Oral Contraceptive Use Lowers Ovarian Cancer Risk in BRCA1/2 Carriers


The use of oral contraceptives in women with BRCA1/2 mutations was associated with a reduced risk of ovarian cancer.

The use of oral contraceptives reduced the risk of ovarian cancer among women with the BRCA1/2 mutations at a similar rate as that seen among the general population, according to the results of a meta-analysis examining oral contraceptives as a chemoprevention strategy for these high-risk women.

However, according to researcher Patricia G. Moorman, PhD, MSPH, of Duke Cancer Institute, and colleagues, there currently is not enough evidence to recommended oral contraceptives as a chemoprevention strategy against ovarian cancer in women with BRCA1/2 mutations and, inversely, there is no evidence of increased risk of cancer to recommend against their use as a contraceptive.

Women who carry BRCA1/2 mutations have significantly increased risk of developing ovarian cancer. As such, researchers are trying to identify factors that may affect the likelihood of development of the disease in order to create primary prevention strategies. Among the possible prevention strategies is the use of oral contraceptives.

“Ever use of oral contraceptives is associated with an approximate 30% reduction in ovarian cancer incidence in the general population, with greater risk reductions with longer duration of use,” the researchers wrote. “If oral contraceptives reduce ovarian cancer incidence similarly in high-risk women, these drugs could be a viable prevention strategy for women who have not completed childbearing or who wish to avoid surgery.”

Moorman and colleagues conducted a meta-analysis of studies that looked at associations between oral contraceptive use and breast and ovarian cancer in women with BRCA1/2 mutations or family history of breast or ovarian cancer. Their search identified 6,476 citations, which they narrowed to 6 studies of ovarian cancer and 8 studies of breast cancer in mutation carriers.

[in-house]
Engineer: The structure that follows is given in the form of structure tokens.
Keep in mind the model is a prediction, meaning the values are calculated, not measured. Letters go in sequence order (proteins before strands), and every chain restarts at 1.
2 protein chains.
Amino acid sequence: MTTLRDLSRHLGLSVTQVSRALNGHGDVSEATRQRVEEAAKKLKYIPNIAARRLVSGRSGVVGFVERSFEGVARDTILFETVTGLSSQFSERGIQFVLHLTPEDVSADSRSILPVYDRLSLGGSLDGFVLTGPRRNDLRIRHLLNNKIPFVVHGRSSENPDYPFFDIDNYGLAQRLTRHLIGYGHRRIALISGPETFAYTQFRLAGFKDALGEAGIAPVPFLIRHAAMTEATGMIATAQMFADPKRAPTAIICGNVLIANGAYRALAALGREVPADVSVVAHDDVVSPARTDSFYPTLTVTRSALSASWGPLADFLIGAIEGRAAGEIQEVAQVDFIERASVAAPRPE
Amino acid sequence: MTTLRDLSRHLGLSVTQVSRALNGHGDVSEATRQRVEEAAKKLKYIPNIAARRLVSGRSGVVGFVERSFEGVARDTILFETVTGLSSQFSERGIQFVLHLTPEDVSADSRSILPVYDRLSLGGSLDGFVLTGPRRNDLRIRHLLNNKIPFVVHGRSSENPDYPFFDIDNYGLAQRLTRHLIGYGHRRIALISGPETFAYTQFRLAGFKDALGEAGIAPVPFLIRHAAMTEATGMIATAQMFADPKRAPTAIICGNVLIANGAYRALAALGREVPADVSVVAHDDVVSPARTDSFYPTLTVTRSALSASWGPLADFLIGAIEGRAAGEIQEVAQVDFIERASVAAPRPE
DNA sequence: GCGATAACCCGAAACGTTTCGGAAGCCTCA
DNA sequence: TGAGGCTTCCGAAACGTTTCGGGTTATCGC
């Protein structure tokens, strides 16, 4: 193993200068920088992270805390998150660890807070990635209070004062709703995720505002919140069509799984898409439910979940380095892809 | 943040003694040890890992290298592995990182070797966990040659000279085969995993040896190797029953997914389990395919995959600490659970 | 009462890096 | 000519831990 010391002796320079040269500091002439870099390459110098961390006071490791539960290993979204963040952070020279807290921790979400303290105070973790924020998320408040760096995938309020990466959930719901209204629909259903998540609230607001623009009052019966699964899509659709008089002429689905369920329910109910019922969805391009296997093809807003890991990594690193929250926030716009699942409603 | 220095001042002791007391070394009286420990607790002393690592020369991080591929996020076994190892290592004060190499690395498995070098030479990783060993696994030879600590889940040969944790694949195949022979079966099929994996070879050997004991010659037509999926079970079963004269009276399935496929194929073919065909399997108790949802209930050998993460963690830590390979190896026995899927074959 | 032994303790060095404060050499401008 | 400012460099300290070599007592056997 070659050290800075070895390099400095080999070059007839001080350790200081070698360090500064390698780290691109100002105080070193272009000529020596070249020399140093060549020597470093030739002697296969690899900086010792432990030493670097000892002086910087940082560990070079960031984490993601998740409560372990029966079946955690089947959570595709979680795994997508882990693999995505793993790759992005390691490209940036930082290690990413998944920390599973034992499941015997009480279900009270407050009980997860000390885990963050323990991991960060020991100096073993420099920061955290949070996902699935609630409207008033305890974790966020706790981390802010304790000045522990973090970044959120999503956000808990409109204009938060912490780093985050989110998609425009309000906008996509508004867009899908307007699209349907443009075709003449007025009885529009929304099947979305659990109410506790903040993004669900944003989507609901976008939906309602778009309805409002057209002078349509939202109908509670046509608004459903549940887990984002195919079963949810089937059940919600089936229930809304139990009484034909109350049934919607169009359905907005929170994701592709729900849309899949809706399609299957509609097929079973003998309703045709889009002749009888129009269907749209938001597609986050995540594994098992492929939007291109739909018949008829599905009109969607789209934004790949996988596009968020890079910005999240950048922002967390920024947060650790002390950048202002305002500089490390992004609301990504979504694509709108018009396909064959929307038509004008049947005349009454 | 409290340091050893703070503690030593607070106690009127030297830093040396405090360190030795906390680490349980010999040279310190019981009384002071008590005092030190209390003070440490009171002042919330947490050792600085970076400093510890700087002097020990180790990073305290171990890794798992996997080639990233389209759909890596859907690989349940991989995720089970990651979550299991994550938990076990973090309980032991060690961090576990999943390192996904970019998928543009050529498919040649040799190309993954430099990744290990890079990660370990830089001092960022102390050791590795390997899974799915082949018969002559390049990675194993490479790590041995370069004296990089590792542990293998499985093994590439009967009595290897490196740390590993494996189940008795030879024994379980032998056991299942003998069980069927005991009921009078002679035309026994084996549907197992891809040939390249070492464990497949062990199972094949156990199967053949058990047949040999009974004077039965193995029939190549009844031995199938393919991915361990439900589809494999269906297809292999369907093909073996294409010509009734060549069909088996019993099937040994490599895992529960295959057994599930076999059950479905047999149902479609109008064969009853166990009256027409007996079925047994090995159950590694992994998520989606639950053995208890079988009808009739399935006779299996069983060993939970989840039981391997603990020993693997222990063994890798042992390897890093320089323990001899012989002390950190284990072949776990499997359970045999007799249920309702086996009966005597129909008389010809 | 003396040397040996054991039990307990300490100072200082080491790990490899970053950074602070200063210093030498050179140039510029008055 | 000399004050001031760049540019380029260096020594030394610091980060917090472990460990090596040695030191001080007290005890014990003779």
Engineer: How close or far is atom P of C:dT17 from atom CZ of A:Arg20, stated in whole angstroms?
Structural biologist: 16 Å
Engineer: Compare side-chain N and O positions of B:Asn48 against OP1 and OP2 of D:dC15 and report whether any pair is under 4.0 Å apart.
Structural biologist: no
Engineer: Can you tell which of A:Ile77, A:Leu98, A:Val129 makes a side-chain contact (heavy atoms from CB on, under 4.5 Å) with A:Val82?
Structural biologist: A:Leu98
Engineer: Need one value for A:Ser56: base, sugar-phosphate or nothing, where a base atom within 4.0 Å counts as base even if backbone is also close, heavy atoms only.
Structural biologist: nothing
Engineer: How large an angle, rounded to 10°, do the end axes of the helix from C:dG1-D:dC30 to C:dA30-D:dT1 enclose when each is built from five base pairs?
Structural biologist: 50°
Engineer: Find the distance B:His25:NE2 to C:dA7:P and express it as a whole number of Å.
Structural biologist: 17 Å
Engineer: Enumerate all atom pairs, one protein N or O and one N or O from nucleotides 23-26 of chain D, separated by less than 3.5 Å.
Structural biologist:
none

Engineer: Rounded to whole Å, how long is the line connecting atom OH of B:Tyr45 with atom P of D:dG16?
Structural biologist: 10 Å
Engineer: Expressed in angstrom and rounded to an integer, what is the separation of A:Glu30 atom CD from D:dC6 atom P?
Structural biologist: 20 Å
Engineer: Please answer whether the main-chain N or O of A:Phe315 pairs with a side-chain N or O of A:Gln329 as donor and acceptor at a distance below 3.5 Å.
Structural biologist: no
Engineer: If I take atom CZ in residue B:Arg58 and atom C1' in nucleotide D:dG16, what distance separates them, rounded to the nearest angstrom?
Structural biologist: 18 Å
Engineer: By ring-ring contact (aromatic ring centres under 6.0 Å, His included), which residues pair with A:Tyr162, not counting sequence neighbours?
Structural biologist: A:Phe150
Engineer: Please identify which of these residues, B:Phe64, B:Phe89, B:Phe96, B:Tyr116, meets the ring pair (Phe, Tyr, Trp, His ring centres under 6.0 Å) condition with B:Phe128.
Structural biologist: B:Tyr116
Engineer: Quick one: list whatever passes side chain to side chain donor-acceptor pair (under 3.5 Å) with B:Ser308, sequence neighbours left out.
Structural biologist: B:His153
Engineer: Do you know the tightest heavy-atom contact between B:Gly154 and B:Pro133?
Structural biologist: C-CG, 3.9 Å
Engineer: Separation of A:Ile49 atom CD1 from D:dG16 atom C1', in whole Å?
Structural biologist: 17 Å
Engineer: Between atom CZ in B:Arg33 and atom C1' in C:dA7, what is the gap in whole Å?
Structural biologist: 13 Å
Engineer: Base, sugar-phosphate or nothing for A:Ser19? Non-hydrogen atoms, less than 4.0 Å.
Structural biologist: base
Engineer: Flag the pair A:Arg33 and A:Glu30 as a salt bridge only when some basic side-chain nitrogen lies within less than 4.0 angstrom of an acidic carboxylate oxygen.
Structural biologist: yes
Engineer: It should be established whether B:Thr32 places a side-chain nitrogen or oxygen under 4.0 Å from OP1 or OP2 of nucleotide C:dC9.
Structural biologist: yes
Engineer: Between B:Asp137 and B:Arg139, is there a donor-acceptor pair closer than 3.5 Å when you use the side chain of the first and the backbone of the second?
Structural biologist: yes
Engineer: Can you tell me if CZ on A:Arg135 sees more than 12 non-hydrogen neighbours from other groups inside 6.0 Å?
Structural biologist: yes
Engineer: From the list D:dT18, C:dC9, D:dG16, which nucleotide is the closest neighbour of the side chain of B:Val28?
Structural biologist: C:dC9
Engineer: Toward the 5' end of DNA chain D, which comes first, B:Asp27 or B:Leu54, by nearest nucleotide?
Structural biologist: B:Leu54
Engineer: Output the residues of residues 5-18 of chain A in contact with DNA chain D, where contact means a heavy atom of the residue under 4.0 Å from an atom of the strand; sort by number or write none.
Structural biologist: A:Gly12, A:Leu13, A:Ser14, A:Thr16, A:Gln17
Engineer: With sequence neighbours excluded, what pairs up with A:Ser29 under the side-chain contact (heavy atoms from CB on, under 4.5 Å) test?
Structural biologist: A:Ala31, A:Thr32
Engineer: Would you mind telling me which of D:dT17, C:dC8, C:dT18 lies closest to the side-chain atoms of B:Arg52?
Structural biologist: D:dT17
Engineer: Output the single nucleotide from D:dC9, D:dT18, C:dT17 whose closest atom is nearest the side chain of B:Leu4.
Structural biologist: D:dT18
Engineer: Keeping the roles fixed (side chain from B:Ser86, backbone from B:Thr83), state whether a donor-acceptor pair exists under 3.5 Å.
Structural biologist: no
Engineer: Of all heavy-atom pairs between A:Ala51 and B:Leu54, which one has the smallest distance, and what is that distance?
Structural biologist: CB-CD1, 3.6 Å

Based on these data, the researchers found an inverse association between oral contraceptives and ovarian cancer among BRCA1/2 mutation carriers (OR=0.58; 95% CI, 0.46 to 0.73).

“The inverse association we observed with ever use of oral contraceptives for the combined group of BRCA1/2 mutation carriers (OR= 0.58) was stronger than what we observed in our meta-analysis in the general population (OR=0.73) and what has been reported in an earlier pooled analysis,” the researchers wrote. “Analyses restricted to BRCA1 and BRCA2 carriers found similar ORs for oral contraceptive use within each gene group, and a test for differences between groups was not statistically significant.”

A nonsignificant association between oral contraceptives and increased risk of breast cancer was also found (OR=1.21; 95% CI, 0.93-1.58).

The researchers did not have sufficient data to perform an analysis looking at duration or timing of oral contraceptive use and its effect on ovarian and breast cancer risk.

Pertinent Points:
- Ever use of oral contraceptives’ association with breast and ovarian cancers is similar among BRCA1/2 mutation carriers and the general population.
- Data are currently insufficient to recommend oral contraceptives as a chemoprevention strategy among women with BRCA1/2 mutations. 


Moorman PG, Havrilesky LJ, Gierisch JM, et al. Oral contraceptives and risk of ovarian cancer and breast cancer among high-risk women: a systematic review and meta-analysis. J Clin Oncol. 2013;doi:10.1200/JCO.2013.48.9021.

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